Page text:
Two years ago Karl messaged me on Twitter. He had read my books. He too lived in Vienna. He wanted to buy me a beer at a famous socialist pub. He seemed odd and grumpy, like I owed him money, even though we’d never met. I’ve since discovered that saying someone is odd and grumpy is just another way of saying they’re Austrian. We’ve become good friends.

I recently learned that his daughter was born on his living room rug. Not by choice. It was a quick birth. When the thing began to happen, Karl bolted out the front door and scoured his apartment complex looking for a doctor. He found a veterinarian instead.

I guess Karl needed to let off some steam after his firstborn splashed out right there on the Ikea rug. However, he did not drink a glass of wine, play Minecraft, or smoke a clove cigarette. He waited for his wife and their new baby to fall asleep. Then he buzzed his in-laws into the apartment building and headed straight to the nearest Thalia bookstore.

“I believe that books find you; you don’t find them,” he told me. “Your book Zen Confidential was sitting right there on the shelf. The spine was staring at me. Just a few hours after my daughter was born. Isn’t that strange? Don’t you think that means something?” 

I’d set up two chairs in my hallway. There was a glass bedside table between us. We were sitting in front of a bottle of wine in my Spartanly furnished apartment.

I’m not sure what Karl’s relationship with alcohol is, but the two of them seem close. I prepared for his visit by buying a bottle of chardonnay and securing a decanter of my girlfriend’s father’s homemade plum schnapps. Karl brought a bottle of burgundy. Within the hour the first wine bottle was in my recycling bag, empty; the second bottle was half empty, and our tongues were loose and tingling.

He got to the point.

“You studied with a great Zen master from Japan. You spent thirteen years as a monk. Now look at you! What are you doing with yourself? Writing a novel?”

He made an Austrian noise, something like a snort and a snarl that signaled disappointment. “I feel like you could write the book.”

This got my attention. “What book?”

“The book I’ve been waiting for my whole life,” he shouted, as though this settled it.

His eyes were sparkling, but they were also a little angry. He sat there beaming foully at me, and I took the opportunity to admire his wardrobe: a stylish tweed flat cap and a dark blue sport coat. European men really know how to stick their sartorial landings. They even iron their shirts before going to the grocery store.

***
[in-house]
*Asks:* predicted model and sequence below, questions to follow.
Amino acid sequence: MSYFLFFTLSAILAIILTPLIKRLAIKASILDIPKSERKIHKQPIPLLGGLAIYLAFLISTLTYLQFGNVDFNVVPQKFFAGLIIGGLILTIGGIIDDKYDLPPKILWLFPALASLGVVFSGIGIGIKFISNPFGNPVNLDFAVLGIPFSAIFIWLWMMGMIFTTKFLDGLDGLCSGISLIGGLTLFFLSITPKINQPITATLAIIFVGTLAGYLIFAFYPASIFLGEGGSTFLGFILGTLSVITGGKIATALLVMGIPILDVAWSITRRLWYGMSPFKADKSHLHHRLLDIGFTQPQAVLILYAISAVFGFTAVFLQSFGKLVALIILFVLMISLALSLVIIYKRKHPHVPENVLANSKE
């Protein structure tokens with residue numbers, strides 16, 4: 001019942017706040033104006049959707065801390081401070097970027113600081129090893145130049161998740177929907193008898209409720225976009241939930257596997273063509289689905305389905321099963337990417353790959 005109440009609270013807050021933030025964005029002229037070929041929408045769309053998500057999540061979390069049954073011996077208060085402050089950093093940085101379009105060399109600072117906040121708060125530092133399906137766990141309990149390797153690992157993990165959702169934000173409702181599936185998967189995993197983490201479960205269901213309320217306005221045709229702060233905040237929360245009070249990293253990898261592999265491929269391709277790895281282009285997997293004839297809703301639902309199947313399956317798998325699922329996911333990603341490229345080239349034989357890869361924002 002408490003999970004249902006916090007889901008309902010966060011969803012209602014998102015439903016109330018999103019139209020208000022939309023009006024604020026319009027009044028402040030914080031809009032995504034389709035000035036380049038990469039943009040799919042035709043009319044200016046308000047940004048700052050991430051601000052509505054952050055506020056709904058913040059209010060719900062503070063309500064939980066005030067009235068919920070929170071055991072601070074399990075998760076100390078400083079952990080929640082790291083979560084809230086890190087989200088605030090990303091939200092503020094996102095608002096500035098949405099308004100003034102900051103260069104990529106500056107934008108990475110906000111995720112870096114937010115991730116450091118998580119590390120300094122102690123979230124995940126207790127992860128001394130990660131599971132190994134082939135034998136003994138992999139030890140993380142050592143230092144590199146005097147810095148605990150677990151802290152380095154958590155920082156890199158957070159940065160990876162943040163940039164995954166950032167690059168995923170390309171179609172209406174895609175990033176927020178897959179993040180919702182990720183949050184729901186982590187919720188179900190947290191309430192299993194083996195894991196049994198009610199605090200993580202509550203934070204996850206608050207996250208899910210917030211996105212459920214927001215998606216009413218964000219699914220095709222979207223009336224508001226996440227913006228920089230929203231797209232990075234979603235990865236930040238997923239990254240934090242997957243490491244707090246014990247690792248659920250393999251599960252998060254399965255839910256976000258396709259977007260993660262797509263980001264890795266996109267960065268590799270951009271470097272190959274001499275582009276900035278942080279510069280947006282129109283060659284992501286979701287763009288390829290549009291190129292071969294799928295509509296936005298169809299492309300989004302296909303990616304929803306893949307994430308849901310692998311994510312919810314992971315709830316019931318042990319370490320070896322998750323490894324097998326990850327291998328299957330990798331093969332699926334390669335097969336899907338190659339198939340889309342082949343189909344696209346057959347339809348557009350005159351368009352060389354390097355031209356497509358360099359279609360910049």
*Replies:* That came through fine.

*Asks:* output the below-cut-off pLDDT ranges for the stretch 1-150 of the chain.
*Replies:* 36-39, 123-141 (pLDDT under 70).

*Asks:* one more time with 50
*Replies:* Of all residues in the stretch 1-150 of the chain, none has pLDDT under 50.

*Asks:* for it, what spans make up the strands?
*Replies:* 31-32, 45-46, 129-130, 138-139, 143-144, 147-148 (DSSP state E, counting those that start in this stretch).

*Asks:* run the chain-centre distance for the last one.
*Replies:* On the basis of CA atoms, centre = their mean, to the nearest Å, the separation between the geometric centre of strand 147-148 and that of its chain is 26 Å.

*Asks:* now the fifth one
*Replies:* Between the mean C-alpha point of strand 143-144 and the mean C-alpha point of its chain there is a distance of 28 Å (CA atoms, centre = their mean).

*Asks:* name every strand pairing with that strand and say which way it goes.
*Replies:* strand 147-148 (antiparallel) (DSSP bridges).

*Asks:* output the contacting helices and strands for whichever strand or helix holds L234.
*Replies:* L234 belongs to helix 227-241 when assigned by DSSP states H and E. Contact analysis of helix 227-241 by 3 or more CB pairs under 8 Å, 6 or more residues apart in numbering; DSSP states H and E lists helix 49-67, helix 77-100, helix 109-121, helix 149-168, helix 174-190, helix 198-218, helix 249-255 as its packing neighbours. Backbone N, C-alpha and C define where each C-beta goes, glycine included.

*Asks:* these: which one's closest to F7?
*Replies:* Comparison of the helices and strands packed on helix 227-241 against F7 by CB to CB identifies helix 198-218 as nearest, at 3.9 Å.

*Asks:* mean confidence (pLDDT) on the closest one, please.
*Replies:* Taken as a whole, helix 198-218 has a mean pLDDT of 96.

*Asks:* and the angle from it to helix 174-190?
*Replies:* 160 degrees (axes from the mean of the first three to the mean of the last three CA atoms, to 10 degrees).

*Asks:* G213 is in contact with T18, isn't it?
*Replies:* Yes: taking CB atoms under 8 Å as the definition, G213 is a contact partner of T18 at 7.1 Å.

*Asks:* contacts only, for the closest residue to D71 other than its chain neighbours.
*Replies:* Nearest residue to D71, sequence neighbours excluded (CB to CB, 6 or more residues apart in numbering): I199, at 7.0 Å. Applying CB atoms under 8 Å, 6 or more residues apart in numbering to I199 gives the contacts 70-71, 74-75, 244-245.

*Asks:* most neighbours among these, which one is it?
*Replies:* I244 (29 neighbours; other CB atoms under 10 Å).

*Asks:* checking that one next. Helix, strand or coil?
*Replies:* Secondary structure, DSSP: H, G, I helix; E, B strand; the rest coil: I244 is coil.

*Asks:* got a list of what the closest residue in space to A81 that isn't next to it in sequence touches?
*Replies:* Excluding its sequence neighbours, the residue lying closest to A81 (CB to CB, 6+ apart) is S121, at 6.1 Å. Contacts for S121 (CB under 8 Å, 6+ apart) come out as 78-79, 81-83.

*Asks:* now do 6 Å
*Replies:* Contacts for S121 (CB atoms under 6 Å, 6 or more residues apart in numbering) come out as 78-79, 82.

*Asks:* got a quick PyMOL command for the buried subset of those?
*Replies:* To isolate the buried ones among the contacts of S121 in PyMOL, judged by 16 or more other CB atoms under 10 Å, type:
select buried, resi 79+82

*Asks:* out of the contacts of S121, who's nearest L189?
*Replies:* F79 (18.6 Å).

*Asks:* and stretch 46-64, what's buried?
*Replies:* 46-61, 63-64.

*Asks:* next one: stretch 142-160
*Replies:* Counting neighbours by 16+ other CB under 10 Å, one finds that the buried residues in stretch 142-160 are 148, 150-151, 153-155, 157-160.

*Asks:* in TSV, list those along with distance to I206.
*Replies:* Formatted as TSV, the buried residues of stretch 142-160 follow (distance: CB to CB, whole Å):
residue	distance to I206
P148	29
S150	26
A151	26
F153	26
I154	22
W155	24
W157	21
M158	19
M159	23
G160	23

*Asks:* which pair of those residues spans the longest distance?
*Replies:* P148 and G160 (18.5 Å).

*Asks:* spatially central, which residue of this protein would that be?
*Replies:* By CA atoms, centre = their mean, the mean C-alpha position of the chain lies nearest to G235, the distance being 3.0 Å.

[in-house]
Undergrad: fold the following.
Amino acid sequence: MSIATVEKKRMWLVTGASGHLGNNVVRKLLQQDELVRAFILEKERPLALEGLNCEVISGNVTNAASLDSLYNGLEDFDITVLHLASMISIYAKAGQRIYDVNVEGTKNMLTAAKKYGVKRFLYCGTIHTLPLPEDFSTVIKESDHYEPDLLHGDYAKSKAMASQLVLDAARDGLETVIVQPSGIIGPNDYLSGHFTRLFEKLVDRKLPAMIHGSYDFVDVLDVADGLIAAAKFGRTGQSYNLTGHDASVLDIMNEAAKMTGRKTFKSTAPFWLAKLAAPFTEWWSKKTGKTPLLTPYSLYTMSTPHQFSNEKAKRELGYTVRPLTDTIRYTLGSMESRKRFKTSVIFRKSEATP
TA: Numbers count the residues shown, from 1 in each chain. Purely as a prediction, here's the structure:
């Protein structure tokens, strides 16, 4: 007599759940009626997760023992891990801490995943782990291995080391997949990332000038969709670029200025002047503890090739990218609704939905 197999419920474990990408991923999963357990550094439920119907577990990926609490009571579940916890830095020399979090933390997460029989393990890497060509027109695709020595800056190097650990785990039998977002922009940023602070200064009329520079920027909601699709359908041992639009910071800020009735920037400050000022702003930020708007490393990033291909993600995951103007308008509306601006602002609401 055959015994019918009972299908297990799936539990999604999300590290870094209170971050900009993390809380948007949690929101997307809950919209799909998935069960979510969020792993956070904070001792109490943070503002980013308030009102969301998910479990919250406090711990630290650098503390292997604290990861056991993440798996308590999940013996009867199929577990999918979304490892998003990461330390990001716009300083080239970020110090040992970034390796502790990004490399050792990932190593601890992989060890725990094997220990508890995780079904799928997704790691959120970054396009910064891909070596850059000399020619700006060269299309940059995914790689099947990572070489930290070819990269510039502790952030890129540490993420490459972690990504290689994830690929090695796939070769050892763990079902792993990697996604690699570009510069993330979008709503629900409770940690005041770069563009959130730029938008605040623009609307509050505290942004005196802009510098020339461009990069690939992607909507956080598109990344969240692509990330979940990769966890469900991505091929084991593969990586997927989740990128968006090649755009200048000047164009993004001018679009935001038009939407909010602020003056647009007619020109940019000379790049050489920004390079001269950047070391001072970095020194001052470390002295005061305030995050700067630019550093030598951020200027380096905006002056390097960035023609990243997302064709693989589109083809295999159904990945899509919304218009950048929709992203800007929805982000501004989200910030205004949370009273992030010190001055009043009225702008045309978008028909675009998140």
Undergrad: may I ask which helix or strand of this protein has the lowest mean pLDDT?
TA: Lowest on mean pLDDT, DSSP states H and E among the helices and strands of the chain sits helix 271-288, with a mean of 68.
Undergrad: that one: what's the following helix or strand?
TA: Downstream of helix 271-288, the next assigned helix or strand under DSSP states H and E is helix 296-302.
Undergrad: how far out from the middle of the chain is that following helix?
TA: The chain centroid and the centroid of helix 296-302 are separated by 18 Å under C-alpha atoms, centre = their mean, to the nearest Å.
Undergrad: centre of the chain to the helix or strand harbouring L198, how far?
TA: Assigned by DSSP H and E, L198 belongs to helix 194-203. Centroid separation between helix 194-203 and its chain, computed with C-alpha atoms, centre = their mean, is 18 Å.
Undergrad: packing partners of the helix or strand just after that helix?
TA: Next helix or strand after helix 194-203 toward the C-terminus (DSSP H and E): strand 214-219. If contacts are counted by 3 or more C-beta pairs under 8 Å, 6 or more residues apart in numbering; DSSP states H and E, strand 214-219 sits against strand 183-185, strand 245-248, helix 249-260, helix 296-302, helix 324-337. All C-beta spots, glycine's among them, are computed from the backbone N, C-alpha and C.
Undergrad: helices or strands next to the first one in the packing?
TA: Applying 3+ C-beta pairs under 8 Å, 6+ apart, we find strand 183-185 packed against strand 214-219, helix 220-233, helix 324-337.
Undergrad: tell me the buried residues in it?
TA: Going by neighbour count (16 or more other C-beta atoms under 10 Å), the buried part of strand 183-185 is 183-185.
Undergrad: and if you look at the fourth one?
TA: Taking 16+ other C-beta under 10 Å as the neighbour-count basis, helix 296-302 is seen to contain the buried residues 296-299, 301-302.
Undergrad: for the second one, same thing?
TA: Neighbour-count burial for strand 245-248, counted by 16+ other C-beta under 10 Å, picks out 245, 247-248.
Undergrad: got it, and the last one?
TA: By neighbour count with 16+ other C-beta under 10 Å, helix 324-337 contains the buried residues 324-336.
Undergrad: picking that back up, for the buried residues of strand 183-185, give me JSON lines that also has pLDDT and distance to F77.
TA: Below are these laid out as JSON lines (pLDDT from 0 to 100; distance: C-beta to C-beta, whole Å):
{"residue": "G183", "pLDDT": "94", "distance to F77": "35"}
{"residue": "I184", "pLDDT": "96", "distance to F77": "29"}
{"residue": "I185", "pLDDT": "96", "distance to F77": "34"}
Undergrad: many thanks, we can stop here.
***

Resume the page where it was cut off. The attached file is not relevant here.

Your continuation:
“I read everything,” Karl said. “I’ve always felt I will read my way to the truth.”

I offered him some Zen babble about how the truth can’t be contained in words. “I know this,” he growled. “But still. I’ve always felt you would write that book. Now you’re working on a novel you don’t even like.” He wiped his hand across his face to get rid of his ornery smile.

Silver lining in an overall dark cloud—that’s the basic Austrian temperament. I spent twenty-two years in California. The basic temperament there is Eternal Sunshine of the Idiotic Mind. A Californian and a Viennese meet. Sparks will fly!

He went to take a leak.

I tried to process the evening so far.

I had written my two books for precisely this kind of person. Someone spiritually thirsty yet suspicious of religion. Someone whose intelligence manifests as greater and greater curiosity instead of greater and greater knowingness. Someone who is, like me, intellectually plain—or, as we like to think of ourselves, intuitive.

Now here he was, hopelessly disappointed in what I had become. I kind of liked it. I wasn’t pretending to be the witty, wise monk anymore. I was just a guy in the world with his head up his ass like everyone else.

The lighting is weird in my hallway. A single bulb hangs from the spacious Altbau ceiling. Granted, it’s a hip light bulb, big as a softball, connected to a fancy blue cord. But still. It felt like we were in an interrogation room.

Karl returned from the bathroom and wiped his wet hands on his jeans. “Get a towel, man,” he said.

His phone rang. He looked at it and put it face down on the table. It rang and rang.

“You want to get that?” I asked.

“Not a chance. It’s my father.”

We drank some more, working our way into my girlfriend’s dad’s high-powered homemade schnapps. There was a long stretch of silence, which I spent trying to taste the inside of my mouth, an old nervous habit. I could smell my deodorant working.

“I haven’t smoked in five years,” Karl said. “God, I love smoking. We should go out and get some cigarettes. You like cigarettes, don’t you?”

“You know I do,” I said.